Dr. Seuss works to be edited by ‘racially diverse’ team

A series of unseen sketches drawn by Dr. Seuss will be edited by an “inclusive” group of writers and artists from “diverse racial backgrounds” before they are published for the first time.

The news — which has already spawned accusations of “woke-washing” on social media — was announced Wednesday by Dr. Seuss Enterprises, a company founded by the family of the famous children’s book author — whose real name was Theodor Seuss Geisel — after his death in 1991.

The sketches will serve as the basis for a new line of books that will be written and illustrated by the group — and follows his recent “cancellation” after six of his children’s books were yanked from publication because of alleged racist imagery.

Now, a new set of up-and-coming authors and illustrators are set to create “inclusive” storylines inspired by the drawings with the aim to “represent a diverse cross-section of racial backgrounds to represent as many families as possible,” according to reps for Dr. Seuss Enterprises.

Meanwhile, the books will be published in a new Seuss Studios series, to be aimed at readers from ages 4 to 8. The first two titles are set to hit shelves next year.

Dr. Seuss, born Theodor Seuss Geisel, is pictured with a draft of his book “The Cat In the Hat” back in 1957. Twitter is already buzzing, with one person writing: “Can’t they just make up their own woke stories without ruining the work of a beloved author? Was bad enough when they canceled his books.”Gene Lester“We look forward to putting the spotlight on a new generation of talent who we know will bring their unique voices and style to the page, while also drawing inspiration from the creativity and imagination of Dr. Seuss,” Susan Brandt, the president and CEO of Dr. Seuss Enterprises, said in a statement.

“The original Dr. Seuss sketch that serves as the inspiration for each of the new Seuss Studios books will be included in the book, along with a note from the creators explaining how they were inspired, and their process,” she added.

Brandt did not reveal the identities of the authors and illustrators who form the new group. The company says more details will be announced in the coming months.

The news has attracted backlash on Twitter, with one person writing: “Can’t they just make up their own woke stories without ruining the work of a beloved author? Was bad enough when they canceled his books.”

One of the original Seuss sketches shows a small four-legged animal with humongous ears. An “inclusive” new book is set to be created around the sketch.Dr. Seuss/TM & © Dr. Seuss via AP)One of the original Seuss sketches shows a small four-legged animal with humongous ears, while another is of a group of three multicolored hummingbirds.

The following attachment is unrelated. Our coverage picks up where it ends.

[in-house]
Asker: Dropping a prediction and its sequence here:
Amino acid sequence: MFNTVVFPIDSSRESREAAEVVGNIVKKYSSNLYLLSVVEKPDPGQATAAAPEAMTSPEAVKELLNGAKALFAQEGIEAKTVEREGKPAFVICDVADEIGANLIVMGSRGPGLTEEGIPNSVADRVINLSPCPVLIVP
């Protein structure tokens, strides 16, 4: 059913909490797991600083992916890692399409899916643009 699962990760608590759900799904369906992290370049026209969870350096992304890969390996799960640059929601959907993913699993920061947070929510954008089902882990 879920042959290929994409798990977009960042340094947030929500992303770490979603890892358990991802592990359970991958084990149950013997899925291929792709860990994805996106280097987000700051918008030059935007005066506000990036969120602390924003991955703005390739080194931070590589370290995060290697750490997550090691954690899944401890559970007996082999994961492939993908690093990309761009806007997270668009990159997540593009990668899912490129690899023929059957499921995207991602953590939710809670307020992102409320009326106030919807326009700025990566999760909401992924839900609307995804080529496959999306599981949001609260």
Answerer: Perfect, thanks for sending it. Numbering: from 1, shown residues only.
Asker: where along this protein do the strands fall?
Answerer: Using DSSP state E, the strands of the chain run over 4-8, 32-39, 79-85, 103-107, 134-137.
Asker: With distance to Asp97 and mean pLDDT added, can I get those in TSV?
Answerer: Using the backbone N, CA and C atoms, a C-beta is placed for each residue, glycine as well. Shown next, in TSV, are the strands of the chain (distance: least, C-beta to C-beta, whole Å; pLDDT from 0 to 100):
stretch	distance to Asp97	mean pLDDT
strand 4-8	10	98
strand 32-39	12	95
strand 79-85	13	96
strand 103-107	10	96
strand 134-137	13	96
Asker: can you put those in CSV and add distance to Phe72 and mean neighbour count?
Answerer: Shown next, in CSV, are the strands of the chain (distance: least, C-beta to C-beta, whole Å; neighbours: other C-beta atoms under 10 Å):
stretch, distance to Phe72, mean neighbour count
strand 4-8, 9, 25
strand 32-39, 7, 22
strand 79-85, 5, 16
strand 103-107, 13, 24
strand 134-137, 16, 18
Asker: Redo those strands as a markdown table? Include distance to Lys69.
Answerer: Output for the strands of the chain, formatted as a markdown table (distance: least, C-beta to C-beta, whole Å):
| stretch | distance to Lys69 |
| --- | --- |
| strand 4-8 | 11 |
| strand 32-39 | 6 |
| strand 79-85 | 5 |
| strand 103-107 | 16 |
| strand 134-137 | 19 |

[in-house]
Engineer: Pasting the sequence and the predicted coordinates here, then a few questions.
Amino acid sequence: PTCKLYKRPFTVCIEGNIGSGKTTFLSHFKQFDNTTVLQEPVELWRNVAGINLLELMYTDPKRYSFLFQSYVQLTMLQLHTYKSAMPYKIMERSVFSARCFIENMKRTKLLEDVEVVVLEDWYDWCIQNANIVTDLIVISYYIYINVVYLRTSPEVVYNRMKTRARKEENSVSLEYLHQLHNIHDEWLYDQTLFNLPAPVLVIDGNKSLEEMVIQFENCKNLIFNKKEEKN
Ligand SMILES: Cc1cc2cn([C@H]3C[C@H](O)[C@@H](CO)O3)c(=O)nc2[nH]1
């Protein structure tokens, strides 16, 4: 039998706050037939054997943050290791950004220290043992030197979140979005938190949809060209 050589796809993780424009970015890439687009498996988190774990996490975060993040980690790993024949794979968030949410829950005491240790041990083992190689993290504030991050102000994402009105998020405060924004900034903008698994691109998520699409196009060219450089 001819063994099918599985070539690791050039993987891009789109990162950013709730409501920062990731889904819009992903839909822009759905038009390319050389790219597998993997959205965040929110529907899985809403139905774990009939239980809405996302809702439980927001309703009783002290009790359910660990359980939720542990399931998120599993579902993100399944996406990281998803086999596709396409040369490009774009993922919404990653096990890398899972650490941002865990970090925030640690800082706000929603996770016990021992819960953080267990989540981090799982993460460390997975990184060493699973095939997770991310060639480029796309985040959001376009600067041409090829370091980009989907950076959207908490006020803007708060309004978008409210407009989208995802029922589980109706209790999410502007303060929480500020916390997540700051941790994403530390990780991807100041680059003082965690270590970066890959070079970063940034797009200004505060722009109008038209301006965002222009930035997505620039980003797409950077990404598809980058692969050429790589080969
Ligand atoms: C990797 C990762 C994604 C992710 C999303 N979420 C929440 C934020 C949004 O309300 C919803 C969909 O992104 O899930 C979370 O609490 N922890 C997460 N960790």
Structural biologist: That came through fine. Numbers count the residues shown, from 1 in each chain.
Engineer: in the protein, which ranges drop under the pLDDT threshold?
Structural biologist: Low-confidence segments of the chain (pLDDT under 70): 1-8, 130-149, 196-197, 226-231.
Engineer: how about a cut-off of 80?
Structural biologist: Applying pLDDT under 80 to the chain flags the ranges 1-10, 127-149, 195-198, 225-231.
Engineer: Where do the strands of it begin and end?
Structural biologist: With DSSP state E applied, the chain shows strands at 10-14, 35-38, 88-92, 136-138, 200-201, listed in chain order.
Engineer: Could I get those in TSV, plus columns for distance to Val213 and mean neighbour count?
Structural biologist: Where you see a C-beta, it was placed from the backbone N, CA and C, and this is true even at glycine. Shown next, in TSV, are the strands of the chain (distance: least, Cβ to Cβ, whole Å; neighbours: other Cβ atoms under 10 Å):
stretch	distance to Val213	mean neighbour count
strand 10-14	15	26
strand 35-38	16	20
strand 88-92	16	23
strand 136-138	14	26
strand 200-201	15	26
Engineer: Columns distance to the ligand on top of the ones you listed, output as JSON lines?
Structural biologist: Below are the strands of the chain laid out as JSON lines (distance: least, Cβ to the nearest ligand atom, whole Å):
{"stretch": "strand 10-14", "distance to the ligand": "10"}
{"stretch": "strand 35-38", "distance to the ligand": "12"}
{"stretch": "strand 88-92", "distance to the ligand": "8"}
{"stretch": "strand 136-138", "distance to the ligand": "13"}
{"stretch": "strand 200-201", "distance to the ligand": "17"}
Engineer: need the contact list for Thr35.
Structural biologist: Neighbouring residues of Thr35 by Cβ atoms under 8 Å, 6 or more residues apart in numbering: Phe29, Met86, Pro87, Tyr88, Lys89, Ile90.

The announcement comes on what would have been Dr. Seuss’ 118th birthday, and exactly a year after it was announced six of his books would no longer be published.

Last year, Dr. Seuss Enterprises used the author’s birthday — March 2 — to announce it would cease publication of the half-dozen books, because they “portray people in ways that are hurtful and wrong.”

“We believed that it was time to take action,” Dr. Seuss Enterprises told The Post in a statement at the time. “We listened and took feedback from our audiences including teachers, academics and specialists in the field, too, as part of the review process.”

The titles were: “If I Ran the Zoo,” “And To Think That I Saw It on Mulberry Street,” “McElligot’s Pool,” “On Beyond Zebra!,” “Scrambled Eggs Super!” and “The Cat’s Quizzer.’’

Another of the Dr. Seuss sketches is pictured above. The drawing of “Assorted Humming Birds” will serve as inspiration for a new Seuss Studios book.Dr. Seuss/TM & © Dr. Seuss via AP)On the same day, President Joe Biden removed mention of Seuss from the “Read Across America Day.”

While Dr. Seuss remains one of the world’s most popular children’s authors three decades after his death, his books have come under fire in recent years for how they portray several minority groups.

“If I Ran the Zoo,” for instance, has been panned for depicting Africans as “potbellied” and “thick-lipped,” as one biography of Seuss put it.

The book, first published in 1950, also described Asian characters as “helpers who all wear their eyes at a slant” from “countries no one can spell,” notes a 2019 paper on Geisel’s work published in the journal Research on Diversity in Youth Literature.

And “Mulberry Street,” the first children’s book Geisel published under his pen name, contained a controversial illustration of an Asian man holding chopsticks and a bowl of rice whom the text called “A Chinese man Who eats with sticks.”

However, news of the six titles being “censored” sparked a firestorm, with critics accusing politically-correct parents, politicians and companies of “cancelling” the famous author.

In the wake of the news, some Seuss stories, including famed titles such as “The Cat in the Hat,” “Green Eggs and Ham” and “Fox in Socks,” shot to the top of Amazon’s best-seller charts, according to Comic Book Resources.

— Associated Press contributed to this report

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